During a House subcommittee hearing held in July, the Director of the United States Mint had requested that Congress delegate authority to the Secretary of the Treasury to select coin compositions. A bill recently introduced by the head of the subcommittee instead seeks to impose greater Congressional oversight of coin production. The Treasury of the Secretary would be granted authority to perform “research and development” necessary to make recommendations to Congress related to coin compositions.
The recent focus on the composition of circulating U.S. coins comes as the cost of the two lowest denominations has exceeded face value for the past four fiscal years. As the cost of base metals has increased, other countries including Canada and the UK have explored or approved composition changes for circulating coins.
The bill H.R. 6162 Coin Modernization, Oversight, and Continuity Act of 2010 seems to open the door to possible composition changes, but Congress would retain the authority to make such changes.
The Secretary of the Treasury would be granted authority to conduct testing of coinage metallic materials, as well as solicit input from entities within or outside the Federal Government. In conducting these tests and soliciting input, the Secretary would be required to consider the interests of parties who would be impacted by the changes, including current coinage material providers, vending machine operators and manufacturers, municipal parking officials, car wash operators, and a variety of other enumerated parties.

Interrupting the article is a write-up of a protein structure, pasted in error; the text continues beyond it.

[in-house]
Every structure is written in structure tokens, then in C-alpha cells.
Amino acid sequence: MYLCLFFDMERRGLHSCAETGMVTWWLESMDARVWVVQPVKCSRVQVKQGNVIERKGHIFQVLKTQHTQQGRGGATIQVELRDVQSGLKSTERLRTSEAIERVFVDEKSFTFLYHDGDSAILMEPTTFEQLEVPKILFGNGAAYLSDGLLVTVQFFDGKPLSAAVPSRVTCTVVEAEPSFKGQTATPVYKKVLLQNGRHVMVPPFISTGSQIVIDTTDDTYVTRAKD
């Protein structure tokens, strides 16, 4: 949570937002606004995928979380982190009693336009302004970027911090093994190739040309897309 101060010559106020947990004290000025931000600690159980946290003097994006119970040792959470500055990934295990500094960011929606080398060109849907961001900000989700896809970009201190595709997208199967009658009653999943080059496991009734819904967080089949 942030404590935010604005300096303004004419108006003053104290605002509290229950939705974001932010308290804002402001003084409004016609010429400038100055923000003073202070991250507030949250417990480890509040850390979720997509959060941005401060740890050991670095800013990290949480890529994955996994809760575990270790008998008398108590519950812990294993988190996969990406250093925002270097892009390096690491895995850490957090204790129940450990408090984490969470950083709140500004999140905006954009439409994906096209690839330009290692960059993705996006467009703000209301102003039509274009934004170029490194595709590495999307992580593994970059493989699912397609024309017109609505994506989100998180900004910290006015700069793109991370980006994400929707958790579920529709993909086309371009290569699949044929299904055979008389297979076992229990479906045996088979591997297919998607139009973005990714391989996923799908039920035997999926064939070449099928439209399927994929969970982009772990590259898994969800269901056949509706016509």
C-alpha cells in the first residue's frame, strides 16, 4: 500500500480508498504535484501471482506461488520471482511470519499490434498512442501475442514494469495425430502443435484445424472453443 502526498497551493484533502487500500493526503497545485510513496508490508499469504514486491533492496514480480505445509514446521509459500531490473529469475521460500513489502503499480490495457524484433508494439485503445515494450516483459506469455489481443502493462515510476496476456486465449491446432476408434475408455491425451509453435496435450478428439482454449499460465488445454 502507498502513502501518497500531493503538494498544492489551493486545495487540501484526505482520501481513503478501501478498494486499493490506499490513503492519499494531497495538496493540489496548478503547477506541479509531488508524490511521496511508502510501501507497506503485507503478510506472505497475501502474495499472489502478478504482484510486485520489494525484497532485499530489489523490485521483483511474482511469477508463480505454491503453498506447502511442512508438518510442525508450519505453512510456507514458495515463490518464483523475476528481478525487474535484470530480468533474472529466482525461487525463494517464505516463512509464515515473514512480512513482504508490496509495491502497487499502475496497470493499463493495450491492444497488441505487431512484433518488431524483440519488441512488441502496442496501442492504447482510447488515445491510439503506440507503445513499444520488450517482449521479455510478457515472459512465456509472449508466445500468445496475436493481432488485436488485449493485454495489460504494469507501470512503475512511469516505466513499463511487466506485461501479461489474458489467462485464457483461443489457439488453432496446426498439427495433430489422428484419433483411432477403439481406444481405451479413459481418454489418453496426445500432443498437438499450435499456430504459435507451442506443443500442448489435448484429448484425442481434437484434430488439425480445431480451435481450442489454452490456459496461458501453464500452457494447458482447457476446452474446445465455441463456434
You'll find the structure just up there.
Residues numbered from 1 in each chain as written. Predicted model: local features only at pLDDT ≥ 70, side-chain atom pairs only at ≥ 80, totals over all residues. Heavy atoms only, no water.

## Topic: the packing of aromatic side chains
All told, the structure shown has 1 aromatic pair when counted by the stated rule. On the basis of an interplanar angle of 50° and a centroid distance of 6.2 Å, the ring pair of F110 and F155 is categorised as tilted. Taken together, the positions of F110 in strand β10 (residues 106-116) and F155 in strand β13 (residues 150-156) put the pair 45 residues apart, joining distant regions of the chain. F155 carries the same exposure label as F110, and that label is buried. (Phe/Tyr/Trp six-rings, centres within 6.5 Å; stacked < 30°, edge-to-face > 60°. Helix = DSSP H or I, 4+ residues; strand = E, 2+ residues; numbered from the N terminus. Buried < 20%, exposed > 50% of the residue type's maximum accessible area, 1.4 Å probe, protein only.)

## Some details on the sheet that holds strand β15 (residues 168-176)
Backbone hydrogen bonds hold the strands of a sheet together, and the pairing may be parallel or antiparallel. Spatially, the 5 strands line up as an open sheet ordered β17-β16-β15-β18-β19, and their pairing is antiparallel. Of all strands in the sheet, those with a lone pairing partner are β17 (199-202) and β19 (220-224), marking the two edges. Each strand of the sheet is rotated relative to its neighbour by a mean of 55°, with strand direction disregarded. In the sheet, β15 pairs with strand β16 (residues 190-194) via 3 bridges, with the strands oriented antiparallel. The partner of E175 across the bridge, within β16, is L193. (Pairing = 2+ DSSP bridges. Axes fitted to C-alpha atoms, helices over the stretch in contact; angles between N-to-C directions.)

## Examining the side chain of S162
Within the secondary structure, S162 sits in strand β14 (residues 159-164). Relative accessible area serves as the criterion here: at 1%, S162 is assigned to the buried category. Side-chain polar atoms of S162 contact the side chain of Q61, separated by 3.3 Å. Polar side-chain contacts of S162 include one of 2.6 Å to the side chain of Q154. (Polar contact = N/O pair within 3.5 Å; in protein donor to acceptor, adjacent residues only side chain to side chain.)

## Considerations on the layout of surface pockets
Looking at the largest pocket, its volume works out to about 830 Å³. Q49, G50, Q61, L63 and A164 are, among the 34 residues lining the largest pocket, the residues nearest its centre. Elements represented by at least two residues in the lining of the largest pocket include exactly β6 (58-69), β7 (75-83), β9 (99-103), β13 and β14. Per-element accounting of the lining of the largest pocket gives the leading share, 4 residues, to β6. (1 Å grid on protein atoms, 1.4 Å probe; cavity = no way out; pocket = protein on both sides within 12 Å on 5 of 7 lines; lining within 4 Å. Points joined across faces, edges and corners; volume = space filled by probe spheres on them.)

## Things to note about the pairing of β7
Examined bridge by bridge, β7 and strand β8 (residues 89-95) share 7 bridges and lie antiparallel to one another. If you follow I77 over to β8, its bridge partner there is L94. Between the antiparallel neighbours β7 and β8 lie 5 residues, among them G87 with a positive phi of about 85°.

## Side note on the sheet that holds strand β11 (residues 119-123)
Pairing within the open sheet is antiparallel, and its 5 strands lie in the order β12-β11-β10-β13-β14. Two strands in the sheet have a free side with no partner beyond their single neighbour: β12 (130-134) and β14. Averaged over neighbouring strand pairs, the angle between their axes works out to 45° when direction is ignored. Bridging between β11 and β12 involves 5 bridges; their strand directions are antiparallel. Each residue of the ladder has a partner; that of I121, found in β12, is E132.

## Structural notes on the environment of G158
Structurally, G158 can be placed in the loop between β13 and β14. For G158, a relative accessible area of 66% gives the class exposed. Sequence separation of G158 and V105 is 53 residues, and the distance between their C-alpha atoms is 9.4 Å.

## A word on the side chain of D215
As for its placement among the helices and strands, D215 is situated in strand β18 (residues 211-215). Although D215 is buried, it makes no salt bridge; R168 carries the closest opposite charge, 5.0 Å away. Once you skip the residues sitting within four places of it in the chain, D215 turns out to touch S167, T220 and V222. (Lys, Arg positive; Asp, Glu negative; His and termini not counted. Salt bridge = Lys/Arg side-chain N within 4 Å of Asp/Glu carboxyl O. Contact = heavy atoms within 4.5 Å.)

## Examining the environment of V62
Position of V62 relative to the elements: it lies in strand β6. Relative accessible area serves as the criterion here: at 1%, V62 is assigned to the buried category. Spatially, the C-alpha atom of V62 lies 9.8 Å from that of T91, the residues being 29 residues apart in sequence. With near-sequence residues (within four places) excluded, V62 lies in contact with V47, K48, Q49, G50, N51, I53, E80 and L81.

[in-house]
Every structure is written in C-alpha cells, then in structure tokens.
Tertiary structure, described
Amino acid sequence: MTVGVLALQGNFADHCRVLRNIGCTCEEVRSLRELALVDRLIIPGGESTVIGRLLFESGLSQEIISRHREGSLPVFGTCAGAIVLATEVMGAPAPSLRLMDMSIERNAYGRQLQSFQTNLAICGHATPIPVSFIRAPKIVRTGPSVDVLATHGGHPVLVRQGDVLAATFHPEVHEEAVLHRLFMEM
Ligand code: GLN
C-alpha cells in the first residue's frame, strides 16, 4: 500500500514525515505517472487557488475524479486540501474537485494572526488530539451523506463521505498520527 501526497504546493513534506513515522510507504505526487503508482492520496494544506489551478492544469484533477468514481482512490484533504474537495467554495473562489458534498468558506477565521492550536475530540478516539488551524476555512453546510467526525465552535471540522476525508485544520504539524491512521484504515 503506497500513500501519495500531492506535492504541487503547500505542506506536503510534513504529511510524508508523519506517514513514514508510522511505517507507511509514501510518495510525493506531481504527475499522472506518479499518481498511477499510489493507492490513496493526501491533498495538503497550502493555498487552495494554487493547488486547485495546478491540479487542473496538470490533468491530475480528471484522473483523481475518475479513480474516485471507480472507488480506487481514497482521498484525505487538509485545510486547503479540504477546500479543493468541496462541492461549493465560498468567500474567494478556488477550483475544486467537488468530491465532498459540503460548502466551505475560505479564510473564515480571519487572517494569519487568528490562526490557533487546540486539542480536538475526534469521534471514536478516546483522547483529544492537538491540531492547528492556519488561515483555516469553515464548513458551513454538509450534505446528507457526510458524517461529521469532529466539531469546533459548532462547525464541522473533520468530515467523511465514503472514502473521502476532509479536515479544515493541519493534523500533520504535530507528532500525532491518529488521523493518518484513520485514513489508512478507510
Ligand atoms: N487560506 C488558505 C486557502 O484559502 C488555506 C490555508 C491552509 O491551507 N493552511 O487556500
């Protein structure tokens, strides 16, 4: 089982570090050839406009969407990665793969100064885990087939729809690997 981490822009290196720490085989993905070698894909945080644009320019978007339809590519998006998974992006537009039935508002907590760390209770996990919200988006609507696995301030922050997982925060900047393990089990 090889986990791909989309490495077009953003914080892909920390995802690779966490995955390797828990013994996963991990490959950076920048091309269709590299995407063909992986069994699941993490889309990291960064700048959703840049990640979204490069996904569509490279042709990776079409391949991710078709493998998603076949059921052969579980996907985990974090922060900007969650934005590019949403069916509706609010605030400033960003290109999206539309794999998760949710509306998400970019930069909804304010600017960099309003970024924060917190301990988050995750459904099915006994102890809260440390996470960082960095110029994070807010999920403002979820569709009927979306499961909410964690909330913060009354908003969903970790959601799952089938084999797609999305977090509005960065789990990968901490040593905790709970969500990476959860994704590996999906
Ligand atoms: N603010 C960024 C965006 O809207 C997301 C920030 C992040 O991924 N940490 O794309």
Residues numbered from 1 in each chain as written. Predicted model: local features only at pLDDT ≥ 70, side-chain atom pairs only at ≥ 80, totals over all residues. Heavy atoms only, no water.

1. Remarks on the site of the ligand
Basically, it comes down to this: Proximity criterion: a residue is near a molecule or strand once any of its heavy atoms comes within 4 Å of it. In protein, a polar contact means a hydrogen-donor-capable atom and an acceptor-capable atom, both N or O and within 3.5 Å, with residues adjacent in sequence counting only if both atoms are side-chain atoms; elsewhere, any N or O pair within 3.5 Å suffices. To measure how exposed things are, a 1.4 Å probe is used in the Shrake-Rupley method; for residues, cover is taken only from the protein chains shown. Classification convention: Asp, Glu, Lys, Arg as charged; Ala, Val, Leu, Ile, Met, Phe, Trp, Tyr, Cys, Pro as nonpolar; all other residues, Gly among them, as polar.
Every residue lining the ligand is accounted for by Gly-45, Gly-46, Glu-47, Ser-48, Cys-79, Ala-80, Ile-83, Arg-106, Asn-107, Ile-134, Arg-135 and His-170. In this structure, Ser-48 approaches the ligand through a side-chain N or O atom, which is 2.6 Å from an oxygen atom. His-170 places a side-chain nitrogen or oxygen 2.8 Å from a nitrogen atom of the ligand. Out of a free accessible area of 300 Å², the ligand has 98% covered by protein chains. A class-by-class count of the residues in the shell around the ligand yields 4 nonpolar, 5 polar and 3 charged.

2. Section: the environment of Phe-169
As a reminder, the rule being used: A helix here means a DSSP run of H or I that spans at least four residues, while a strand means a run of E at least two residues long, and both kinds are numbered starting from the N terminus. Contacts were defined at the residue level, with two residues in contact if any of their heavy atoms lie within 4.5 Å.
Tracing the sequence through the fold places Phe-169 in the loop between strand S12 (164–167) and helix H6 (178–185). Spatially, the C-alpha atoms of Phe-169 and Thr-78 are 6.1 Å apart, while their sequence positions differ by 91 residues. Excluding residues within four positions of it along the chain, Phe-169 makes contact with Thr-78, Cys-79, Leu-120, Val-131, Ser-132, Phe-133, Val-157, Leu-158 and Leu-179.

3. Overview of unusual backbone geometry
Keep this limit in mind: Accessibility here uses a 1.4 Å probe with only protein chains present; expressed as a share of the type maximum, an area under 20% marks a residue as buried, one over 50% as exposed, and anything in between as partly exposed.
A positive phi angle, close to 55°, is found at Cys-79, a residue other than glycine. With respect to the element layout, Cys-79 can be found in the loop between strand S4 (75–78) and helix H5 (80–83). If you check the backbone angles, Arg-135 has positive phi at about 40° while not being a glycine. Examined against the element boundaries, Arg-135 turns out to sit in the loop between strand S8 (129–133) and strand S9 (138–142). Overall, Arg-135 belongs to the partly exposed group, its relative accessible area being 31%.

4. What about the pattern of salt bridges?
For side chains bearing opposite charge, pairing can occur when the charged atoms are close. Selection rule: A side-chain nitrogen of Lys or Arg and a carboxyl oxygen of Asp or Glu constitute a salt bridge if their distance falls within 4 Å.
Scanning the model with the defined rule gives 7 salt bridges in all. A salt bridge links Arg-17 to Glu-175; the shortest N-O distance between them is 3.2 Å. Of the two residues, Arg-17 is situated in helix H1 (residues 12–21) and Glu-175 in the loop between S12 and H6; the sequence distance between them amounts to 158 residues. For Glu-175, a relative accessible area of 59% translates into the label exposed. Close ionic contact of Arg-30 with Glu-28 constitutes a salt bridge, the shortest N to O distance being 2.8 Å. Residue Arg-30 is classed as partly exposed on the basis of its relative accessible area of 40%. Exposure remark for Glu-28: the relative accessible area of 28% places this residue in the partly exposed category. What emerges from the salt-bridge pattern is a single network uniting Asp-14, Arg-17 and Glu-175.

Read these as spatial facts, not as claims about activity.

The purpose of the research and development activities would be to provide a biennial report to the House of Representatives Committee on Financial Services and the Senate Committee on Banking, Housing, and Urban Affairs. The report would analyze the costs of producing each circulating coin, cost trends for production, and possible new metallic materials or technologies. The Secretary of the Treasury may make recommendations for changes to metallic content of circulating coins or changes in methods of production that would improve efficiency.
The first report would be provided before the end of the two year period after the date of enactment, with subsequent reports provided at two year intervals.
The bill H.R. 6162 has been referred to the House Committee on Financial Services. In order for the bill to become law, it must be passed in the House and Senate, and then signed by the President.
The bill also makes amendments to existing law, which might provide for the striking of 2010 Proof Silver Eagles. See related story: Legislation Would Permit Proof Silver Eagles